Who doesn’t deserve a funeral?
The above post at Harry’s Place is by the infamous Shiraz Maher (this is the guy who says he got involved in Islamism after 9/11 and changed his mind after the London bombings in 2005, which should raise a few eyebrows in my opinion), claiming that there is “encouraging news” coming from India in the wake of the Bombay massacres, namely that Indian Muslim leaders are refusing to allow Muslims killed while perpetrating the attacks to be given funerals, or buried in Muslim cemeteries in India (see BBC report). The report quotes Ibrahim Tai, president of the Indian Muslim Council, as saying:
“They are not Muslims as they have not followed our religion which teaches us to live in peace.
“If the government does not respect our demands we will take up extreme steps. We do not want the bodies of people who have committed an act of terrorism to be buried in our cemeteries.
“These terrorists are a black spot on our religion, we will very sternly protest the burial of these terrorists in our cemetery,” he said.
There is an al-Jazeera report on the same subject posted on YouTube:
The report mentions a letter from the Muslim Council Trust, quoted as saying:
Islam does not approve of wanton killings and targeting non-combatants. As such, it can be safely surmised that such criminals are not Muslims.
This is worrying, because we see a supposed religious authority claiming that a Muslim is not a Muslim on account of having committed a sin, even a major sin. The fact that someone remains technically a Muslim despite committing a sin (the legal state of belief being separate from the inner state) is something most ordinary Muslims know; it was settled very early on in the history of Islamic scholarship, and the reverse position was associated with the Kharijites, a group best known for calling people unbelievers because of disagreement, and killing them as a result. The category of Kharijite includes Muslims who rebel, sanctioning the killing and enslavement of Muslims, on account of their own mistaken interpretation of Islam. While the behaviour of today’s terrorists differs - the historical Kharijites usually left non-Muslims alone, while the terrorists of today kill anyone and everyone, claiming that the non-Muslims are the enemy while making various excuses for killing whatever Muslims are among them - the principle is still that they make war, and kill people who may not be killed according to most Islamic scholars, on the basis of their own, or their leaders’, spurious reasoning and mistaken judgement, which makes them criminals but does not remove them from Islam.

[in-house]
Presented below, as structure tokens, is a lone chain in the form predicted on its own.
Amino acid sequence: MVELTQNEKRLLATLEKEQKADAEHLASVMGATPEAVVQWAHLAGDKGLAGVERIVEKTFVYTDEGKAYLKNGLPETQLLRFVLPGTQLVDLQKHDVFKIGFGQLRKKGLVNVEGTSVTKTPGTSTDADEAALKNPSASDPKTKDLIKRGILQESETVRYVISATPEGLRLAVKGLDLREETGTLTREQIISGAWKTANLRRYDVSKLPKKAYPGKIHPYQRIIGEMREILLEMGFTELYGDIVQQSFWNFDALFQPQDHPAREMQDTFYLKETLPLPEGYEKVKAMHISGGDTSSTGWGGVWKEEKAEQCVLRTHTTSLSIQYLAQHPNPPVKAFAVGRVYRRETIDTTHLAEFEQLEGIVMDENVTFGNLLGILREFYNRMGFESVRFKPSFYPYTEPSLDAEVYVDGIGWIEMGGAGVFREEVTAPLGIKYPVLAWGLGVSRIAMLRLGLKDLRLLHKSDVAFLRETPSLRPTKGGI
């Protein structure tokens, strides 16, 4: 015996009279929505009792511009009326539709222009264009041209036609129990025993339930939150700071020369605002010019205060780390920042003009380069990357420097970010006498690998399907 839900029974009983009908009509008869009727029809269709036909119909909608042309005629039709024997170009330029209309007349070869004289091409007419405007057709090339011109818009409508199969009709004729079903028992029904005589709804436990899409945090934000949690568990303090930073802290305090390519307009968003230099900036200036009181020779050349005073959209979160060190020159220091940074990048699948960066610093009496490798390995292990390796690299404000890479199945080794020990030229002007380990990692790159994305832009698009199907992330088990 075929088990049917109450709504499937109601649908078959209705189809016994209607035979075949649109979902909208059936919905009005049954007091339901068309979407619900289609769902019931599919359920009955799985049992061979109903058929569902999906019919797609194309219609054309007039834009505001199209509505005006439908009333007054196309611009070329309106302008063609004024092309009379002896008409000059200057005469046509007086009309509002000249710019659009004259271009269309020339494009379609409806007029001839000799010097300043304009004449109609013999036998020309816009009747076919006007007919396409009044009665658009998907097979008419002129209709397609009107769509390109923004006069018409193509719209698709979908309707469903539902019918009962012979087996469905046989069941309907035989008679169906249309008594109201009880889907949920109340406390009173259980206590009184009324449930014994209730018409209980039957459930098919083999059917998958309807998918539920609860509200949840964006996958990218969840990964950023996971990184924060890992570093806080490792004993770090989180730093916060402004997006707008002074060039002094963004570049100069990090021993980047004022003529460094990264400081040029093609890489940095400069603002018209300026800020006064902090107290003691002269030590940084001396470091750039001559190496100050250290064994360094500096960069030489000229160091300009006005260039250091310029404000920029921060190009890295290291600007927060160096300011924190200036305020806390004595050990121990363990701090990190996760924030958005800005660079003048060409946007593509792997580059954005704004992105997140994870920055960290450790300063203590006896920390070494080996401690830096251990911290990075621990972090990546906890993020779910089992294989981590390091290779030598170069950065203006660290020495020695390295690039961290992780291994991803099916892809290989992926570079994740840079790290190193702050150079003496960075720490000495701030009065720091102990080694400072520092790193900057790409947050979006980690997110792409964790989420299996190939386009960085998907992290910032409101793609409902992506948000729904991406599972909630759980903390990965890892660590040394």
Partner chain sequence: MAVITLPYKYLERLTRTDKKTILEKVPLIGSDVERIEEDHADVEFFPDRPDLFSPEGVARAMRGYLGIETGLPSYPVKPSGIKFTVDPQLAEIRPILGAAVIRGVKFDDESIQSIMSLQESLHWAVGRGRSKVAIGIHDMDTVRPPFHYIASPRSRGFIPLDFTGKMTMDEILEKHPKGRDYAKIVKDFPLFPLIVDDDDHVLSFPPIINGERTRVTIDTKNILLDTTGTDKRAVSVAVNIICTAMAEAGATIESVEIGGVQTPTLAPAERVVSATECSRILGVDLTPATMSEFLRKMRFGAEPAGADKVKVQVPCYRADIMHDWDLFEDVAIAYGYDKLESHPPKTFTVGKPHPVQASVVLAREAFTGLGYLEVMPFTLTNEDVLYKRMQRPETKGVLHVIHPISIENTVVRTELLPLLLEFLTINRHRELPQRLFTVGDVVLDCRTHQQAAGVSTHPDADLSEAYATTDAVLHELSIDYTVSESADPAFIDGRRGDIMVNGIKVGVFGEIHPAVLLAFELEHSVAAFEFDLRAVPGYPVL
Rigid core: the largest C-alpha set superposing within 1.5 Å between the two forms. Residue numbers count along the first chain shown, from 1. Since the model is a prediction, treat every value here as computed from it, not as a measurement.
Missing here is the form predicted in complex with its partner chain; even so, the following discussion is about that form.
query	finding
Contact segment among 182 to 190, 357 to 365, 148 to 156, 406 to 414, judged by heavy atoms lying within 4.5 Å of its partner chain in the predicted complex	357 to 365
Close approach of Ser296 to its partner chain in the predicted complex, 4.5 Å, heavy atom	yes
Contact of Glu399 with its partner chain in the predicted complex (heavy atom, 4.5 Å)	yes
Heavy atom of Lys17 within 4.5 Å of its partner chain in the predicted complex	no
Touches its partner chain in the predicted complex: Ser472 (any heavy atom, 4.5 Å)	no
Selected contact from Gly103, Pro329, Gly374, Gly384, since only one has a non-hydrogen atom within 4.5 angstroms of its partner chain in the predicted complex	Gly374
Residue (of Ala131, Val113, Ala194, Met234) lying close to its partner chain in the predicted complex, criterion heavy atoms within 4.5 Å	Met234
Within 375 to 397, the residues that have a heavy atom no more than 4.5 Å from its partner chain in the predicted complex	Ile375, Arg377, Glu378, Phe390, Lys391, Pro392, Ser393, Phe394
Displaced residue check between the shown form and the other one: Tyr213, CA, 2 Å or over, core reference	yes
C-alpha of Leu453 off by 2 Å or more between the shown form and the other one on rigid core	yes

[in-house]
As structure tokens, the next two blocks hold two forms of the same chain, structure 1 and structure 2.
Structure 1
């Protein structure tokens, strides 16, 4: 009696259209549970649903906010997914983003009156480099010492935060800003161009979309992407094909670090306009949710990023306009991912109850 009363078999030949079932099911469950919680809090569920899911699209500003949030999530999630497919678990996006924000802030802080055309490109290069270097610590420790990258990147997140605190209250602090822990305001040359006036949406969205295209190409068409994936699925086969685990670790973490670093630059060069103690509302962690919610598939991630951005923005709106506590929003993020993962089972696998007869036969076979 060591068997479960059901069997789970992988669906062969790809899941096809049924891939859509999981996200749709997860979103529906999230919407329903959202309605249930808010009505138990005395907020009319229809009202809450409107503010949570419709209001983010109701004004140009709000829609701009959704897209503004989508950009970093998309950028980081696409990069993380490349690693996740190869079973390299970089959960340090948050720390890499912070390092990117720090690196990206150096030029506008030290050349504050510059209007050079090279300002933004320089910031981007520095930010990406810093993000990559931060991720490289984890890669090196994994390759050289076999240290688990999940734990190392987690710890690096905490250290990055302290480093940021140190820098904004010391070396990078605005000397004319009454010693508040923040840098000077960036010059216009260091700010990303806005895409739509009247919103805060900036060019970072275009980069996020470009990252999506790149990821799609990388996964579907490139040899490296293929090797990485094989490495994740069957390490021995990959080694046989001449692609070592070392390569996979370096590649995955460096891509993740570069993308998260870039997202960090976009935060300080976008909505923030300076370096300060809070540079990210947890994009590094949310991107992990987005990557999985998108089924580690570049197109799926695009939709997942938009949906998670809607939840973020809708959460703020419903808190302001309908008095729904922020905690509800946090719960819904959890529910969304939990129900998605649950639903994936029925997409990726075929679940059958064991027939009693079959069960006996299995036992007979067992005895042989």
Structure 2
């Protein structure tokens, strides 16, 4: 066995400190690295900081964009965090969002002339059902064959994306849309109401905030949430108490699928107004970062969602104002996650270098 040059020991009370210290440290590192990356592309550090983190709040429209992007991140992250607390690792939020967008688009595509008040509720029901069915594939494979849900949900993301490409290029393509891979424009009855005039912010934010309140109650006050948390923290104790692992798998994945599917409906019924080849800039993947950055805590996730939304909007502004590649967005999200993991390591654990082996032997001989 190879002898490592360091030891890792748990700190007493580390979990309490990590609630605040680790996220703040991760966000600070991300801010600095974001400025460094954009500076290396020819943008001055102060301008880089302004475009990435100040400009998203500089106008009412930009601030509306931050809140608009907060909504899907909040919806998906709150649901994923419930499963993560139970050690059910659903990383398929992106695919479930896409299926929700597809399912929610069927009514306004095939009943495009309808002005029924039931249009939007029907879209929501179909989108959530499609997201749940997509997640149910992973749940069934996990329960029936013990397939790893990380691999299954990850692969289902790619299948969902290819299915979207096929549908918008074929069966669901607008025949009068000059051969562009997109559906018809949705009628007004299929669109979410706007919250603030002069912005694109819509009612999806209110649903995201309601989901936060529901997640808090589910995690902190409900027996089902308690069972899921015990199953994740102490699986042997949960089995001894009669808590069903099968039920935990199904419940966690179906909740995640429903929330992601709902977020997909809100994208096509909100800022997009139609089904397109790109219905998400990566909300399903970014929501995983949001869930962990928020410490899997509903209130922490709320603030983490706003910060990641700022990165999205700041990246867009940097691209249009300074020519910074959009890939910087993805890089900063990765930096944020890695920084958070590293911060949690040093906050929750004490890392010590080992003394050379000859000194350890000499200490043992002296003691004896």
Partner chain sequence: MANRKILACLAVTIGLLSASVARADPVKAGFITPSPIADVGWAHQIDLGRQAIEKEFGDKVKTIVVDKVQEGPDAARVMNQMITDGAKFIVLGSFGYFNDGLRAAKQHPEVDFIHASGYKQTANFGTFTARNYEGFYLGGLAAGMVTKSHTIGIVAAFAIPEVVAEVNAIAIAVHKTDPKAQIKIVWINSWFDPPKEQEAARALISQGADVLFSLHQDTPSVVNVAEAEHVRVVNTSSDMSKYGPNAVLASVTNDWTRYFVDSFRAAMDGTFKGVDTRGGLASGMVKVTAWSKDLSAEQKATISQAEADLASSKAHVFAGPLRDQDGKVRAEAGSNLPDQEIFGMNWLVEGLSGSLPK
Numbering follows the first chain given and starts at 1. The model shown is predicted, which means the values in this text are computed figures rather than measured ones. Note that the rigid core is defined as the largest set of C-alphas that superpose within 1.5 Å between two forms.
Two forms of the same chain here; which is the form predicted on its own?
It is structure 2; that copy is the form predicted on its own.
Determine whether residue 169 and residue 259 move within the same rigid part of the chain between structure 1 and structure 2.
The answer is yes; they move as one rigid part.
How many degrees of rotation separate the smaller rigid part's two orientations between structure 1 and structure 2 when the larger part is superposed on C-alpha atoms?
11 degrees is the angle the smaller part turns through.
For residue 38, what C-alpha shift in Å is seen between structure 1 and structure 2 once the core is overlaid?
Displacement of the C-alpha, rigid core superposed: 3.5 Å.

Controversy about funerals for criminals and terrorists in Islam is not new; it is often reported that people who have died in an act of terrorism get a big funeral, as with one of the 2005 London bombers or the Bali bombers. More recently, a Muslim criminal, who was killed robbing a shop in Philadelphia dressed in a niqab, was denied a public funeral by a major local mosque. This did not mean that the robber did not get a funeral at all; prayer over the dead falls into the category of fard kifaya, i.e. a communal obligation, meaning it is an obligation for someone to do it, not necessarily anyone in particular, and not necessarily everyone, so it is sufficient for a few people to pray over them. In both cases, the criminals had offended and endangered the Muslim community, in Philadelphia by using the clothing Muslim women wear for modesty as a disguise, and in Bombay by killing indiscriminately, then exposing the community to a backlash which might make post-9/11 America look like a walk in the park. This is not to say that the community needs to have any big ceremony about it, or even that a large number of people should be present, and no doubt they could be buried away from the other Muslims, but an obligation is an obligation. Not fulfilling it lowers their status more than that of the deceased.
After all, scoundrels get burials. Politicians who launched murderous wars get buried with far greater pomp than ordinary people who led blameless or even virtuous lives. Doubtless, when the leaders of the various Hindu nationalist parties and mobs die, they will get a big public burial, particularly if they had also been politicians. I wonder if the Indian Muslim Council refuse burials to members of Dawood Ibrahim’s mafia gangs, or to Muslims who have carried out, or helped carry out, honour killings, which account for up to a third of homicides in parts of India. However, their Hindu neighbours are unlikely to blame them for that, as I am sure Hindus do their share of such murders.
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